A Century of Giving
pigment print, Paragon Press
The Fitzwilliam Museum: P.62-2002
Garden2 is a set of eight, ink jet images by Marc Quinn (b.1964) who was a Cambridge History of Art student before he began working as a sculptor. Quinn's work has a strongly conceptual basis and he continues to explore the artistic potential of a wide range of materials and media.
This set of prints relates to an installation by Quinn in Milan in 2000, in which hundreds of exotic and unseasonal flowers, flown in from all over the world, were suspended in a huge tank of silicone liquid kept frozen at -20 degrees
The display involved some unlikely juxtapositions of simultaneously flowering plants: a plum tree in bloom next to a banana tree and cactus; British spring flowers next to tropical fruits and desert orchids; tulips and roses paired with exotic vegetables.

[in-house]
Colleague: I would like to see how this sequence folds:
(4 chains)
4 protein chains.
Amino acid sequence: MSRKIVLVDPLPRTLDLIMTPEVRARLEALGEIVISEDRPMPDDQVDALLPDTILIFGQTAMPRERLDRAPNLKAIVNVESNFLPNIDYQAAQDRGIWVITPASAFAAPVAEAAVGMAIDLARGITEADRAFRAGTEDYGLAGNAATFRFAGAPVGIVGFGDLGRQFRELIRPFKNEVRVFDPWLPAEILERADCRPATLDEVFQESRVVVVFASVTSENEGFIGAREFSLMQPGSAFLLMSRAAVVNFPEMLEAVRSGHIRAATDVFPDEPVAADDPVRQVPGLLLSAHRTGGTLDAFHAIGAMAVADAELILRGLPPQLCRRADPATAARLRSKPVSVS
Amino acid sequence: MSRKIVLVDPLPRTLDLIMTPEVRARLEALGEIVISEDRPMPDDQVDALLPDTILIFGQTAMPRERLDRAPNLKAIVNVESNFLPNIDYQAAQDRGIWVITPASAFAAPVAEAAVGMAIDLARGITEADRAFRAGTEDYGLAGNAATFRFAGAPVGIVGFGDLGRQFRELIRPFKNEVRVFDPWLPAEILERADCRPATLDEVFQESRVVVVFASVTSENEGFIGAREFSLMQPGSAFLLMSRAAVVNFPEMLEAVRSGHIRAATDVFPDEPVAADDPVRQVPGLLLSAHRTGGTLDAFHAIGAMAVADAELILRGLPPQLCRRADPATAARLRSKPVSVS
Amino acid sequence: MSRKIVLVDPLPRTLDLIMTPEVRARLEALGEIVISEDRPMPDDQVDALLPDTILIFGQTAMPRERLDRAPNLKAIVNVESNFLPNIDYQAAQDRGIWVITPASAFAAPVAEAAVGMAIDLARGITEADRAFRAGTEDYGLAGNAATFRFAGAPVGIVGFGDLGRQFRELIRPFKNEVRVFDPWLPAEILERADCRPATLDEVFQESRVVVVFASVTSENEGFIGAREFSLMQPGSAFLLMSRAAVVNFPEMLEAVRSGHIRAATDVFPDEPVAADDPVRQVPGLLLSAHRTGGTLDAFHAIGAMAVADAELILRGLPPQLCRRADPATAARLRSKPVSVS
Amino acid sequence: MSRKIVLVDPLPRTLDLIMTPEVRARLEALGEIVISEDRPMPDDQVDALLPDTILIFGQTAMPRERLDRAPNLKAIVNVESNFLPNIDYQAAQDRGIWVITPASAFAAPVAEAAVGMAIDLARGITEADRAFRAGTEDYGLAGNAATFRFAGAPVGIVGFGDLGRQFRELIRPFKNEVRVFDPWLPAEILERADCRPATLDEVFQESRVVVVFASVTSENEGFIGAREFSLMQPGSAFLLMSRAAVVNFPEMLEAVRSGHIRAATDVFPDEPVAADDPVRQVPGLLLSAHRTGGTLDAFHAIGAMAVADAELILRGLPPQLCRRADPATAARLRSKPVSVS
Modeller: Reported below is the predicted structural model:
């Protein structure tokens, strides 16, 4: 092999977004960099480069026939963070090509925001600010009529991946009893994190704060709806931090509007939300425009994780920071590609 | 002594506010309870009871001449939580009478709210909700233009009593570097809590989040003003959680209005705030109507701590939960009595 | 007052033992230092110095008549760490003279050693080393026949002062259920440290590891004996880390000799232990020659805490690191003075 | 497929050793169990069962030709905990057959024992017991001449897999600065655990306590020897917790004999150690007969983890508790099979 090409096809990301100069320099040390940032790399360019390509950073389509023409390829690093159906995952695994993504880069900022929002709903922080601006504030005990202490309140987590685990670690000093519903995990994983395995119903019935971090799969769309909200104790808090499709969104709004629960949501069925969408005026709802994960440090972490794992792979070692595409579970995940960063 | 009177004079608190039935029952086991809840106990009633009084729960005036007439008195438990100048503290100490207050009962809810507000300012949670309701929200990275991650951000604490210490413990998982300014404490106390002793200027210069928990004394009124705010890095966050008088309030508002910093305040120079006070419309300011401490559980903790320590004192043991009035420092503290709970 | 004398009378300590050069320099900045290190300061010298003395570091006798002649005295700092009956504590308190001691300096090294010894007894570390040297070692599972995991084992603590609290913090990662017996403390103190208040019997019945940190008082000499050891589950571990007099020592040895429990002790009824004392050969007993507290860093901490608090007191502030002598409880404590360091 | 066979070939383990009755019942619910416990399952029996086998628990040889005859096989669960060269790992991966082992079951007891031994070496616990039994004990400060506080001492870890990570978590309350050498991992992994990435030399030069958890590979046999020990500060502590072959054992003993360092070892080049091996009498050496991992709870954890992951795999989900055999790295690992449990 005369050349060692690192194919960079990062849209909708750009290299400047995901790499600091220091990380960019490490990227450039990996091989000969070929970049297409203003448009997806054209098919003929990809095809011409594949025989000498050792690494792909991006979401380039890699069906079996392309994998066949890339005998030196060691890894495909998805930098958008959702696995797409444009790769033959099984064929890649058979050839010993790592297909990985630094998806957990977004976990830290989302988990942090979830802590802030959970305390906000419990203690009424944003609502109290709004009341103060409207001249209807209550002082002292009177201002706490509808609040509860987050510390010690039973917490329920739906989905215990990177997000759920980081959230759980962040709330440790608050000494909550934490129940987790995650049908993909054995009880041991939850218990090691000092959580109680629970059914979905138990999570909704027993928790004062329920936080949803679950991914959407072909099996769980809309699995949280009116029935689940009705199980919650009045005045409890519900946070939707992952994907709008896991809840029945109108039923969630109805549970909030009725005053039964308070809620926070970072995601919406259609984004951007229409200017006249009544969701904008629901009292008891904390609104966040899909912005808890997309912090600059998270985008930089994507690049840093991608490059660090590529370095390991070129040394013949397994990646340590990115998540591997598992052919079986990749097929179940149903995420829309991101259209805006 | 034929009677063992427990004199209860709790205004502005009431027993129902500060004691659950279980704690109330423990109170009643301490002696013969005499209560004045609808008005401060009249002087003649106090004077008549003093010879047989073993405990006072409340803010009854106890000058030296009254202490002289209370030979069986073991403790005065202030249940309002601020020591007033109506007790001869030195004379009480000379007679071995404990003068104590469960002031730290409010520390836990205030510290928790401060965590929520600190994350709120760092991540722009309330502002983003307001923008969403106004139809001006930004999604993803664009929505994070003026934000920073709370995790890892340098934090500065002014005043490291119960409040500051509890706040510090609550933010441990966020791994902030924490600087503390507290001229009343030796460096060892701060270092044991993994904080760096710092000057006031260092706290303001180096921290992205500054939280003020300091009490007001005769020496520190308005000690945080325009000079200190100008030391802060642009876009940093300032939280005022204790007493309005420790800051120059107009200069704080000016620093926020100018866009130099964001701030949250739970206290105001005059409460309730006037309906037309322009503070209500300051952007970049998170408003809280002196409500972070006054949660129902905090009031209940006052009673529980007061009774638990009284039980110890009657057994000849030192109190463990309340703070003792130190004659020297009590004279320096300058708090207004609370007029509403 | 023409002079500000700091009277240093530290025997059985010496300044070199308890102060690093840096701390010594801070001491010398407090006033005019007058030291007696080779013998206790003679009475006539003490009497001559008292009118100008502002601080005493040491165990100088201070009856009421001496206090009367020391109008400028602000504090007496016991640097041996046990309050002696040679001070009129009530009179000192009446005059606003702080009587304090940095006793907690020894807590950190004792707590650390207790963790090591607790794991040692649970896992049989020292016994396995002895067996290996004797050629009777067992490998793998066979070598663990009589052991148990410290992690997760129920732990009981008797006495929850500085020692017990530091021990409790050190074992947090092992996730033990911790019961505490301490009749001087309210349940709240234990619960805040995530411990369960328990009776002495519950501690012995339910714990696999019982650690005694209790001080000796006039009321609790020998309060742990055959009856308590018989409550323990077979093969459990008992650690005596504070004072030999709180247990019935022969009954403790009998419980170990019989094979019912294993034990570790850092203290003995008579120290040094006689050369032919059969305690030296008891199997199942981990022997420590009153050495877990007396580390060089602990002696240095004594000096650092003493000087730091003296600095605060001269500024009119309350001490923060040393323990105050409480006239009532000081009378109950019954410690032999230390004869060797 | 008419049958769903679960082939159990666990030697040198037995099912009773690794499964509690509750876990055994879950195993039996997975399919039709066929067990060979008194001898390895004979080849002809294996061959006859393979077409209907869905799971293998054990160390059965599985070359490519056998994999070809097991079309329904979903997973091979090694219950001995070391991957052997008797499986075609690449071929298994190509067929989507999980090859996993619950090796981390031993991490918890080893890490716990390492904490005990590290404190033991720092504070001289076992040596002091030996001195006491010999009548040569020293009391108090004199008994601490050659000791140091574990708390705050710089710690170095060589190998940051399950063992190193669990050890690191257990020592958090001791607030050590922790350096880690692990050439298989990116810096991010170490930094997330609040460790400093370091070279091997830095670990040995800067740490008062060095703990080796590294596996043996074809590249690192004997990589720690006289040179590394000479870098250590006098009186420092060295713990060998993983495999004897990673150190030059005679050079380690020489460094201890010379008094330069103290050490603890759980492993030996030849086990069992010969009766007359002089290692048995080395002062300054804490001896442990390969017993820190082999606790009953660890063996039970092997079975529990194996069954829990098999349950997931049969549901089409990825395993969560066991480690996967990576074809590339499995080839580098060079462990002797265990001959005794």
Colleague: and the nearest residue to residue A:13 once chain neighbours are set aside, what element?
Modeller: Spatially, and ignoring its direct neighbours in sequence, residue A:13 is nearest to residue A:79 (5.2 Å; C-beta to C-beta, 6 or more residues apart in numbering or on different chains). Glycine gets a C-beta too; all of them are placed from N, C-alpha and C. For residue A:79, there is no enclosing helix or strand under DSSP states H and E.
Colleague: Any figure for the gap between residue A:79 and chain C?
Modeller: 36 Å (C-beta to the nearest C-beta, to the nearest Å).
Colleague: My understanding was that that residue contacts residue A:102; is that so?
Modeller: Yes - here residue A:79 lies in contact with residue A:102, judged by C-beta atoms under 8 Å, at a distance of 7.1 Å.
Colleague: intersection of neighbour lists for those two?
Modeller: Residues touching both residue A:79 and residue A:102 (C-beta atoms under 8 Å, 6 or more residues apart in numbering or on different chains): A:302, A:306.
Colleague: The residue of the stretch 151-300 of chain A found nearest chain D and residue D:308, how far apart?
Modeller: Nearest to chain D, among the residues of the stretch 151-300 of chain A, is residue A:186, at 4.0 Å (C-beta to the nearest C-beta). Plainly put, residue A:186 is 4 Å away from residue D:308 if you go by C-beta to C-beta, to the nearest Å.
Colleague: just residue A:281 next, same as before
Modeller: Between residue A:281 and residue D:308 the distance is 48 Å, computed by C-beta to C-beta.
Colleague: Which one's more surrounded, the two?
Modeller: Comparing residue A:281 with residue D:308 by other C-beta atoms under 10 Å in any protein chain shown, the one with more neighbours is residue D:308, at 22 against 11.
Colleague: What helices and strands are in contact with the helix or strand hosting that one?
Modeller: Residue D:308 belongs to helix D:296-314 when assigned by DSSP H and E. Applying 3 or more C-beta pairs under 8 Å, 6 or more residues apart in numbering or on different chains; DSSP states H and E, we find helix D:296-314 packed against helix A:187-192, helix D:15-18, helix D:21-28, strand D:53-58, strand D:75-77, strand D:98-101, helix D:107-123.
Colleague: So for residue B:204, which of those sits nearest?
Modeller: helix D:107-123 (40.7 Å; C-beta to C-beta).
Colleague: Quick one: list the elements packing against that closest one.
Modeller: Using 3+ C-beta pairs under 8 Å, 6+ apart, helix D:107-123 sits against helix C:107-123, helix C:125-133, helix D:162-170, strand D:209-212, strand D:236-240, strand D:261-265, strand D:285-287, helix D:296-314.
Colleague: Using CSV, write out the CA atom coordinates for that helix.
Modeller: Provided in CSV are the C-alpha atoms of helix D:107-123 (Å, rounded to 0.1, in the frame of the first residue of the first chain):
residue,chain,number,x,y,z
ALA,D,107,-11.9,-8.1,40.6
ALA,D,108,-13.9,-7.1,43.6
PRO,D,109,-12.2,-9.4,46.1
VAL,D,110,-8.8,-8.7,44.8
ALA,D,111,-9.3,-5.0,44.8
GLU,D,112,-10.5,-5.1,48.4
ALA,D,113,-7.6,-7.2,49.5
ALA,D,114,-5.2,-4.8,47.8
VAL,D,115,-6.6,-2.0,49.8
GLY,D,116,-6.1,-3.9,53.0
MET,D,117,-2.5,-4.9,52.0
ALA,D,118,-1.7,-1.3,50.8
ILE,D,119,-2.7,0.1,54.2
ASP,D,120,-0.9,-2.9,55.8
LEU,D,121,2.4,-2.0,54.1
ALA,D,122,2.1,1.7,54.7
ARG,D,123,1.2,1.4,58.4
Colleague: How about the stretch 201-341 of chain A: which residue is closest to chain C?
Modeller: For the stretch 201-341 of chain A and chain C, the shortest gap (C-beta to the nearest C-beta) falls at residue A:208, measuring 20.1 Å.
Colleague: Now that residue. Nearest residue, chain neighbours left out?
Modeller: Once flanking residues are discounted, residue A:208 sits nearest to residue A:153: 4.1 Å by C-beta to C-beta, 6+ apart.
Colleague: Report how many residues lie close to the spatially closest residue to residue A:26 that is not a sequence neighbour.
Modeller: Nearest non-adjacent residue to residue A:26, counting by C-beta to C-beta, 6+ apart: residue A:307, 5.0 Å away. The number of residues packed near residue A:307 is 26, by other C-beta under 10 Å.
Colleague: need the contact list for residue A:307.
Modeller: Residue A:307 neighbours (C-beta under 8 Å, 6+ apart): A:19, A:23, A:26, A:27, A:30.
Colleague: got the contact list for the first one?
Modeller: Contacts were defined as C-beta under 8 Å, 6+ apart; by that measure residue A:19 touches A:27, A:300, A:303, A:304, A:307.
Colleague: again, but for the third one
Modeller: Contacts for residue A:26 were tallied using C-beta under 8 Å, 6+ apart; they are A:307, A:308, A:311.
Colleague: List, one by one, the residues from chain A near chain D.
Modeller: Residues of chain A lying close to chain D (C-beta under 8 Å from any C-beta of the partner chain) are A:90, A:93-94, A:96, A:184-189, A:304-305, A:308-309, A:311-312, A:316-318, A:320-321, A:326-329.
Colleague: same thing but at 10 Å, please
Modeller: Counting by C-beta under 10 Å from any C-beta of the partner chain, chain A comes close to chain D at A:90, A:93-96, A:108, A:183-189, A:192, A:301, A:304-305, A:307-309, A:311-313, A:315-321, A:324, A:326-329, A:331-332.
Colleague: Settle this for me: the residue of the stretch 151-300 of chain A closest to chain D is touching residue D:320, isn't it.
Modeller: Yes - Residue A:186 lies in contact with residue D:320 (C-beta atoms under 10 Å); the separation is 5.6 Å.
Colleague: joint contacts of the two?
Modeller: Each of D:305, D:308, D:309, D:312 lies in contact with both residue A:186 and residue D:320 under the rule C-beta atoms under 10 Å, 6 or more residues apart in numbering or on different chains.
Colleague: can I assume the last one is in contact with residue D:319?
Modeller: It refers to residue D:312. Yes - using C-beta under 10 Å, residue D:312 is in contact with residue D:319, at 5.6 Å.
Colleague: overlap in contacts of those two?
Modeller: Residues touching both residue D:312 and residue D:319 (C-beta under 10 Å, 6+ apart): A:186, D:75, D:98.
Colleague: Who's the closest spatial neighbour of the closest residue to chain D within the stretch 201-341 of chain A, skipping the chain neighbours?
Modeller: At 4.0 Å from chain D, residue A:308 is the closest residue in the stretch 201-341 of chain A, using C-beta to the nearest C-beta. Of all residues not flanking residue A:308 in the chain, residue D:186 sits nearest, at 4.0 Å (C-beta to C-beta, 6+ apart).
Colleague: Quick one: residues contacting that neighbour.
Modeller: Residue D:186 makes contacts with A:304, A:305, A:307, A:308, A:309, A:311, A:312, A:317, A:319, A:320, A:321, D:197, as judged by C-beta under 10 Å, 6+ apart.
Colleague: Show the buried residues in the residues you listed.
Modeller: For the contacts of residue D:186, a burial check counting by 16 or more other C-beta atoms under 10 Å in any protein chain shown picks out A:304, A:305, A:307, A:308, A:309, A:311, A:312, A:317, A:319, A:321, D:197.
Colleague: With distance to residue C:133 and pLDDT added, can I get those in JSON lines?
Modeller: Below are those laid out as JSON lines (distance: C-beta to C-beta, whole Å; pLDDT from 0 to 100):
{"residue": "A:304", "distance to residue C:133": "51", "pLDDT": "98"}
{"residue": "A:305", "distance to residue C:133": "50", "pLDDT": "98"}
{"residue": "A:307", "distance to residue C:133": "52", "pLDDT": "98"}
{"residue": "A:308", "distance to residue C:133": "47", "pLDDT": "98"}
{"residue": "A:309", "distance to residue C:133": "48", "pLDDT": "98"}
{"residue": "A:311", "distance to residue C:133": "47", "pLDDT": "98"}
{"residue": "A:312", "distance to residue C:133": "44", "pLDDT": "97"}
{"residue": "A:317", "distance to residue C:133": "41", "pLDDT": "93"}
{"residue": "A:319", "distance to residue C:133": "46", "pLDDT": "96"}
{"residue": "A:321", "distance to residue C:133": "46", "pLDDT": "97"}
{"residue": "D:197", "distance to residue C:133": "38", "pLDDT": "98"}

In 17th century Dutch art, the symbolic language of flowers was used to comment on the fragility of life. To a contemporary viewer, however, Quinn's voluptuously artificial Garden has more sinister, topical associations - such as gene manipulation and global warming.
The Garden can be seen as an elaboration on Quinn's preoccupation with the themes of death and mutability. As he put it: 'the plants have traded biological life for a symbolic immortality'.
Museums have traditionally been reluctant to accept new printing technologies, such as photography, or Hockney's use of colour photocopying in the 1970s. However, when the Fitzwilliam was first opened, the new technique of lithography was equally controversial. It was frowned on by those who favoured older methods of print-making such as etching and engraving.